Business cloud storage companies are making claims more and more often about their compliance with several national information laws, including HIPAA, SOX, FISMA and GLBA. You may wonder what this compliance means and how these laws protect your information. Here's what you need to know:
HIPAA The Health Insurance Portability and Accountability Act of 1996 established nationwide standards for protecting health information. Entities that have access to an individual's medical history doctors, dentists, nursing homes, health insurance companies, hospitals and more are required to follow guidelines to protect patient privacy.
The law requires that any entity possessing Protected Health Information (PHI) must "protect against reasonably anticipated threats to the security or integrity of the information," according to the U.S. Department of Health and Human Services.
If your company works with any data that could be considered PHI, you must, by law, take reasonable measures to prevent it from being disclosed to unauthorized persons. There is not an official HIPPA certification for business cloud storage providers, but the way most encrypt data can help you meet your obligation to shield electronic documents containing PHI.
SOX The Sarbanes Oxley Act of 2002 was passed in an effort to prevent the damage caused by financial scandals like Enron. It makes CEOs and CFOs more accountable for the content of financial statements and regulates the type of accounting records that must be stored and how long. Business cloud storage providers can help you store more of your accounting data using few resources for as long as you like in most cases, so that indirectly helps companies comply with Sarbanes Oxley. You know that you will always have financial statements a few clicks away if you are audited.
FISMA The Federal Information Security Management Act sets standards for minimum security controls for information systems, among other things, and is meant to lead to more secure information systems for federal agencies and the contractors that support them. There is an actual certification for compliance with certain levels of FISMA, and although most business cloud storage services don't technically have it, they can help you reach higher security standards for information systems by encrypting information and storing it in geographically redundant and secure facilities.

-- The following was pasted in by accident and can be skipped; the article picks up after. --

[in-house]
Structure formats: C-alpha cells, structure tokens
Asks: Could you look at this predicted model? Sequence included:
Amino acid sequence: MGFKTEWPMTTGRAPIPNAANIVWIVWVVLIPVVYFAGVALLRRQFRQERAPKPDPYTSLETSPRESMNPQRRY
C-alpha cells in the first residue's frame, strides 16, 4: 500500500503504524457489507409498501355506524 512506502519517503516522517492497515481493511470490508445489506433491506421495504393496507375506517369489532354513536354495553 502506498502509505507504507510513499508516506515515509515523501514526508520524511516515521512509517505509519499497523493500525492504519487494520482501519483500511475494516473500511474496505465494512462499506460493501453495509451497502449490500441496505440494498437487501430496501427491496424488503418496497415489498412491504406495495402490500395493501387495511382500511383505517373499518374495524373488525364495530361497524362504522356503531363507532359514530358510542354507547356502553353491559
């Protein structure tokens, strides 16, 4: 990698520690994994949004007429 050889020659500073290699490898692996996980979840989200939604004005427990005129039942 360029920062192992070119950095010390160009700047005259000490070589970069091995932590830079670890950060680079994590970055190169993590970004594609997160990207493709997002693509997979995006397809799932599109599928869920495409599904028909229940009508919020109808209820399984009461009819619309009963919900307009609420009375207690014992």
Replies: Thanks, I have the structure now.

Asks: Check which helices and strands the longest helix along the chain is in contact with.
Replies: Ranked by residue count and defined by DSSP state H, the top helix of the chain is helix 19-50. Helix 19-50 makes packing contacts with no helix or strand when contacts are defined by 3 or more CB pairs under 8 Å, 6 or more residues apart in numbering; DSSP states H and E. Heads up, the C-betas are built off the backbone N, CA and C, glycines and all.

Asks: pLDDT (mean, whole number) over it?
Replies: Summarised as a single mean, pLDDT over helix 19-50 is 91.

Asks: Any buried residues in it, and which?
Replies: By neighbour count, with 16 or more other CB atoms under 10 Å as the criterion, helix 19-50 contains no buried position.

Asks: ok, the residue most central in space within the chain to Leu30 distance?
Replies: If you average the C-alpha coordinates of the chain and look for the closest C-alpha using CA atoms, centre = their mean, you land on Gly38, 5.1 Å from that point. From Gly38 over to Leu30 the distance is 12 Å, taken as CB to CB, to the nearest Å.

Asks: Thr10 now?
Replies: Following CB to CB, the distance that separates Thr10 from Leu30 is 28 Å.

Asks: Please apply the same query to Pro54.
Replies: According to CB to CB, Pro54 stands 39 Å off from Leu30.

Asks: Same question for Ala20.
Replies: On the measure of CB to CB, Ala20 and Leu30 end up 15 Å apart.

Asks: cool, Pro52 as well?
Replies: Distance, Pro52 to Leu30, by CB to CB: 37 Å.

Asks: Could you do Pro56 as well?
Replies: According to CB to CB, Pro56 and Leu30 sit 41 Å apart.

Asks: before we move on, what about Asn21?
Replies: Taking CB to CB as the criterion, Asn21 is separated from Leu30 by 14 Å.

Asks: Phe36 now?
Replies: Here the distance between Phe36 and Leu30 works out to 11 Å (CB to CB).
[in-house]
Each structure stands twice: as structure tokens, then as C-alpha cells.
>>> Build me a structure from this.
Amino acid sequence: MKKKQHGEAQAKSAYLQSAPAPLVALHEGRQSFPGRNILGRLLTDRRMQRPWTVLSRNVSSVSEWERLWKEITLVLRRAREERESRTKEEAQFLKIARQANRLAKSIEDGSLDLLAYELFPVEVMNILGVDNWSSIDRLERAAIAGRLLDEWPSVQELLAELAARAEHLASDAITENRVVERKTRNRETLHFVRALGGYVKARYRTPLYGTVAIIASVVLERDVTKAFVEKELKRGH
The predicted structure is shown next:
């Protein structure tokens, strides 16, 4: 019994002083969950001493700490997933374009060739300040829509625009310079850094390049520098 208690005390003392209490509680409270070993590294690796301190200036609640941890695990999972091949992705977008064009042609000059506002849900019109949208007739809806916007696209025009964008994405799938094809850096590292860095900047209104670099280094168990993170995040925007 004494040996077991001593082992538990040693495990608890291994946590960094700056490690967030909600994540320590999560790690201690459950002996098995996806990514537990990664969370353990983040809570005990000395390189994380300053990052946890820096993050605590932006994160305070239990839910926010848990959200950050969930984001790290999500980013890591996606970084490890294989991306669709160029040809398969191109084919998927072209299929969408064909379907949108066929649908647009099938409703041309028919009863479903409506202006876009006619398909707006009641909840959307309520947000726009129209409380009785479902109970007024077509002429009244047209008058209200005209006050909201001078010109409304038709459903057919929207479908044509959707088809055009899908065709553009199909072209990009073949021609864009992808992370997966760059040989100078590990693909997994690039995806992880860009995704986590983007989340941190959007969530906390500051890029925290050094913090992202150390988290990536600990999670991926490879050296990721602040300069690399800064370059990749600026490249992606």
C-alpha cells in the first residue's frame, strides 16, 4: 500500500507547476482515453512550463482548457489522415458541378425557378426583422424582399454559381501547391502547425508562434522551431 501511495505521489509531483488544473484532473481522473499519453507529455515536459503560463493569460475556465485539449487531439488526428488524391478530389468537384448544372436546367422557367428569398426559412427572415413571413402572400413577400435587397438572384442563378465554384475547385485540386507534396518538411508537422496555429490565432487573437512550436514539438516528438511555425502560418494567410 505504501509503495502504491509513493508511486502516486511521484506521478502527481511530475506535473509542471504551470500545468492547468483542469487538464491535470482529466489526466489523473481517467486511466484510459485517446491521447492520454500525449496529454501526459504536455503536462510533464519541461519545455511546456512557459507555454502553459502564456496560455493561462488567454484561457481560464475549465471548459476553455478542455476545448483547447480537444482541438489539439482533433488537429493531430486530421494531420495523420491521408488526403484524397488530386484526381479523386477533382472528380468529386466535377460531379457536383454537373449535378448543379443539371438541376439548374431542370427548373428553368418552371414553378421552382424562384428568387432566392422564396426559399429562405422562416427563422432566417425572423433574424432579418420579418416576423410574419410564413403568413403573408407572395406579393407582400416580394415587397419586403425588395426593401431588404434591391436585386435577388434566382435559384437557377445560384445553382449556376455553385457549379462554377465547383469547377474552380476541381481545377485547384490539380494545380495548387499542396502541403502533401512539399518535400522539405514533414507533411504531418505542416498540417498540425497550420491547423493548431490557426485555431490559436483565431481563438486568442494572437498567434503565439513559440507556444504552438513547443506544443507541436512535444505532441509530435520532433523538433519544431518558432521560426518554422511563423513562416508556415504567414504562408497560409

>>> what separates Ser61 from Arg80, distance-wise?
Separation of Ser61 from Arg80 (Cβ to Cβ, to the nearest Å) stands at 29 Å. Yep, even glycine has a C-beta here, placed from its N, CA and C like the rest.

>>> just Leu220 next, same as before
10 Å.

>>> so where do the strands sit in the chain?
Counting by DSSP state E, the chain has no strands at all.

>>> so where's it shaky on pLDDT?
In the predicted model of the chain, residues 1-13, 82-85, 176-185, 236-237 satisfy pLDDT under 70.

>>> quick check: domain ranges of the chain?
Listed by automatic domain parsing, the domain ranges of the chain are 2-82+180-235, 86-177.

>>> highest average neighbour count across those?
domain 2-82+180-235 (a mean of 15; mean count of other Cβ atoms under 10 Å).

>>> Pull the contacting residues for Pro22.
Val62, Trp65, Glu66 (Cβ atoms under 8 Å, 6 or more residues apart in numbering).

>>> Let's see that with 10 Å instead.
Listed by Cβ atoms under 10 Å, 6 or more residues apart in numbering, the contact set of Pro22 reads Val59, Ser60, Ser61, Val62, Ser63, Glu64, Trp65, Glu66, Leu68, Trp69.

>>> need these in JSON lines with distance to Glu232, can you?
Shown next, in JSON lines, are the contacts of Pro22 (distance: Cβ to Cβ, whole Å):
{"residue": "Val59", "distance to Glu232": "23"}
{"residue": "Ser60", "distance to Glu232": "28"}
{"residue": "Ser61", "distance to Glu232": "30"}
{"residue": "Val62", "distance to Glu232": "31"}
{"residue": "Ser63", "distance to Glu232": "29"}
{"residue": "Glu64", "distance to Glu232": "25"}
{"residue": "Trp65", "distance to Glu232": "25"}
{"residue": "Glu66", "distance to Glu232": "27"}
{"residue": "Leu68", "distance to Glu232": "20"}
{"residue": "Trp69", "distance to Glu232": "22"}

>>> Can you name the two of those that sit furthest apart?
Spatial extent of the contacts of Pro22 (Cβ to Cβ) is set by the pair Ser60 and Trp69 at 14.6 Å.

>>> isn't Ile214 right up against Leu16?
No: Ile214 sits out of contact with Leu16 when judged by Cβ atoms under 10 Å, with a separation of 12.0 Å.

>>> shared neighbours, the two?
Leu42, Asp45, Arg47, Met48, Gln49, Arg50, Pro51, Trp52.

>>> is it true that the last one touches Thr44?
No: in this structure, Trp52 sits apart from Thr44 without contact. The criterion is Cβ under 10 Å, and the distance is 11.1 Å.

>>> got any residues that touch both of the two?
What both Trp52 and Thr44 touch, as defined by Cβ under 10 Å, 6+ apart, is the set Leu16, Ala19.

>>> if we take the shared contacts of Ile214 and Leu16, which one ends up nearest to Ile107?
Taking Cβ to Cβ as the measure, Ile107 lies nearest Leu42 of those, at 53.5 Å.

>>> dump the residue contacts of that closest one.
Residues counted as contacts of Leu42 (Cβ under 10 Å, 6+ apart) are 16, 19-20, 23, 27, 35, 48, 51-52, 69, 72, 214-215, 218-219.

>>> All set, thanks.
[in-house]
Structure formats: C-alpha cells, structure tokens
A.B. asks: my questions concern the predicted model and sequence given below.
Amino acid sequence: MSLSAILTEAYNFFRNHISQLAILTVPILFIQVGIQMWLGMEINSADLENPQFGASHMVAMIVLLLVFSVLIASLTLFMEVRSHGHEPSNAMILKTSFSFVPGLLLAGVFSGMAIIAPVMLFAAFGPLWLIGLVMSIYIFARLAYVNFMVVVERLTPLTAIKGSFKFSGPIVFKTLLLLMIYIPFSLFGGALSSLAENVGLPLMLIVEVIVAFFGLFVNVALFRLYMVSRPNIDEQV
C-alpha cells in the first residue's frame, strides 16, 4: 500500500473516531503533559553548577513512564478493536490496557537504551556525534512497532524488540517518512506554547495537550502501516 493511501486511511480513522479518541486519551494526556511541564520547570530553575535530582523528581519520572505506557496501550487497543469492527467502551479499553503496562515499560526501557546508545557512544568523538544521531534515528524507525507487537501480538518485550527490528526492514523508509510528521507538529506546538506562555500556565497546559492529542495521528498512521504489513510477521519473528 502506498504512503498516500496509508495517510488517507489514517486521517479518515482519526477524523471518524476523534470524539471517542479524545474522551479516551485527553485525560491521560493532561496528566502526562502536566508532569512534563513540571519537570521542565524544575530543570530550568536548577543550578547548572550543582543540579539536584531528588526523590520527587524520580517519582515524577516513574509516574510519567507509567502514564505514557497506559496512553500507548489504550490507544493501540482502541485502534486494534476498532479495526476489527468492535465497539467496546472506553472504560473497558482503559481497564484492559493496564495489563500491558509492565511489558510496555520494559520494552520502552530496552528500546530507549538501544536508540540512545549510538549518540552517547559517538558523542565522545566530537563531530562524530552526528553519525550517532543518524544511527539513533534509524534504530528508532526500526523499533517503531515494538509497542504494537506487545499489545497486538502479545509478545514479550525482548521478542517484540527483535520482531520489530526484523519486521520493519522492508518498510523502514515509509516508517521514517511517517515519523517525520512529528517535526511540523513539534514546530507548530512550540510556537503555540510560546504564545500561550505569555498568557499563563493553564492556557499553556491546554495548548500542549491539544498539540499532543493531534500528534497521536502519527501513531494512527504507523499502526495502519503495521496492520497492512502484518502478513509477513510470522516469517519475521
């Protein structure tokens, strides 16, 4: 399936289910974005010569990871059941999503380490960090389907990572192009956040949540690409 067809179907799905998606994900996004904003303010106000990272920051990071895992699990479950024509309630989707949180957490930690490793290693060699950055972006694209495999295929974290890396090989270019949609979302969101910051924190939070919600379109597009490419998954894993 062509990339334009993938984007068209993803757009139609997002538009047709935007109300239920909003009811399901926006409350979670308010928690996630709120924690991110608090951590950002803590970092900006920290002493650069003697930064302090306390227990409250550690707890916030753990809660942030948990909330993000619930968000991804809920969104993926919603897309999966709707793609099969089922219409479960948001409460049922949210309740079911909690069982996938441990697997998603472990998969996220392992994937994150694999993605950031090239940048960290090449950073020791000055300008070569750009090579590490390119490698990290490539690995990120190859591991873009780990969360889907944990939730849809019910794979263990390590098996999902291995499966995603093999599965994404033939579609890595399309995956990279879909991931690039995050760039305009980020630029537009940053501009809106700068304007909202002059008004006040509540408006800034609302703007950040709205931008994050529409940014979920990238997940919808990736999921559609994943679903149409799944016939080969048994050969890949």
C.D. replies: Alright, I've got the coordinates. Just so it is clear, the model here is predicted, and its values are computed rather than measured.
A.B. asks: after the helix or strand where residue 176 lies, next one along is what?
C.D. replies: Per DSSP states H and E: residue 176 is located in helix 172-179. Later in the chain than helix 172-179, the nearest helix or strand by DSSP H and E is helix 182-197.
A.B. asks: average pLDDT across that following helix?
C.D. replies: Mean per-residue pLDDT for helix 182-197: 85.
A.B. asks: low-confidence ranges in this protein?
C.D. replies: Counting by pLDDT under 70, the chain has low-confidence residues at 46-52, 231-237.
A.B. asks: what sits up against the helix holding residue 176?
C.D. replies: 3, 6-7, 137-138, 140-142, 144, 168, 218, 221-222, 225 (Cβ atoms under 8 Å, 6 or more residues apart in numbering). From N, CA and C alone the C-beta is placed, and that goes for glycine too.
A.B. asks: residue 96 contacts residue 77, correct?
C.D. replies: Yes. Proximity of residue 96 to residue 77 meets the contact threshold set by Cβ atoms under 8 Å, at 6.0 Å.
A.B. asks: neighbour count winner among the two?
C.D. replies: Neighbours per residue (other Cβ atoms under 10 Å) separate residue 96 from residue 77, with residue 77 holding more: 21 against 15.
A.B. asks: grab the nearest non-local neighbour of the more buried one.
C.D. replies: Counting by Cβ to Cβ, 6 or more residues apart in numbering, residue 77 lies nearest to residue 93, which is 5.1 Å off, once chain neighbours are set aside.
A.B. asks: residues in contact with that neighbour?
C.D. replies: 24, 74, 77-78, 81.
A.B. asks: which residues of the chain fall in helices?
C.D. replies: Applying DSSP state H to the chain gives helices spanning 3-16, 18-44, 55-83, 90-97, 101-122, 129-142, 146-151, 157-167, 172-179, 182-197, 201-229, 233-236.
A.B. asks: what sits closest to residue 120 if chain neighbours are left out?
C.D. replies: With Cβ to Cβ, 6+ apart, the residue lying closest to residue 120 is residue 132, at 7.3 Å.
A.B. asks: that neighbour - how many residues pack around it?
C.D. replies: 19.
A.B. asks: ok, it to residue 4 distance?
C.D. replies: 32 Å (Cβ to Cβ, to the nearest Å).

GLBA The Gramm-Leach-Bliley Act of 1999 made significant changes to the financial services world and there are a few points that could impact the world of business cloud backup. There are rules in GLBA that prohibit the sharing of certain kinds of customers' personal financial information with unaffiliated parties. A cloud storage company may be considered an unaffiliated party so the encryption of information is important if you choose to store data with them. You must ensure that no one at the business cloud storage company has access to your clients' protected information. Business cloud storage companies that let you set your own encryption keys are best if you are concerned about GLBA compliance. That way no one outside your company has access to clients' financial information, not even the cloud storage provider personnel. Also, GLBA instructs institutions to consider the encryption of electronic information while in transit. Most but not all cloud storage solutions help you do that with your customer information.
In most cases, what cloud storage services mean when they claim to comply with these laws is that they will help you comply with them. If your company routinely deals with customer information that might be regulated under any of this legislation, it is worth asking the right questions to make sure you are in compliance. In most cases, your cloud storage service will help you meet privacy and other standards.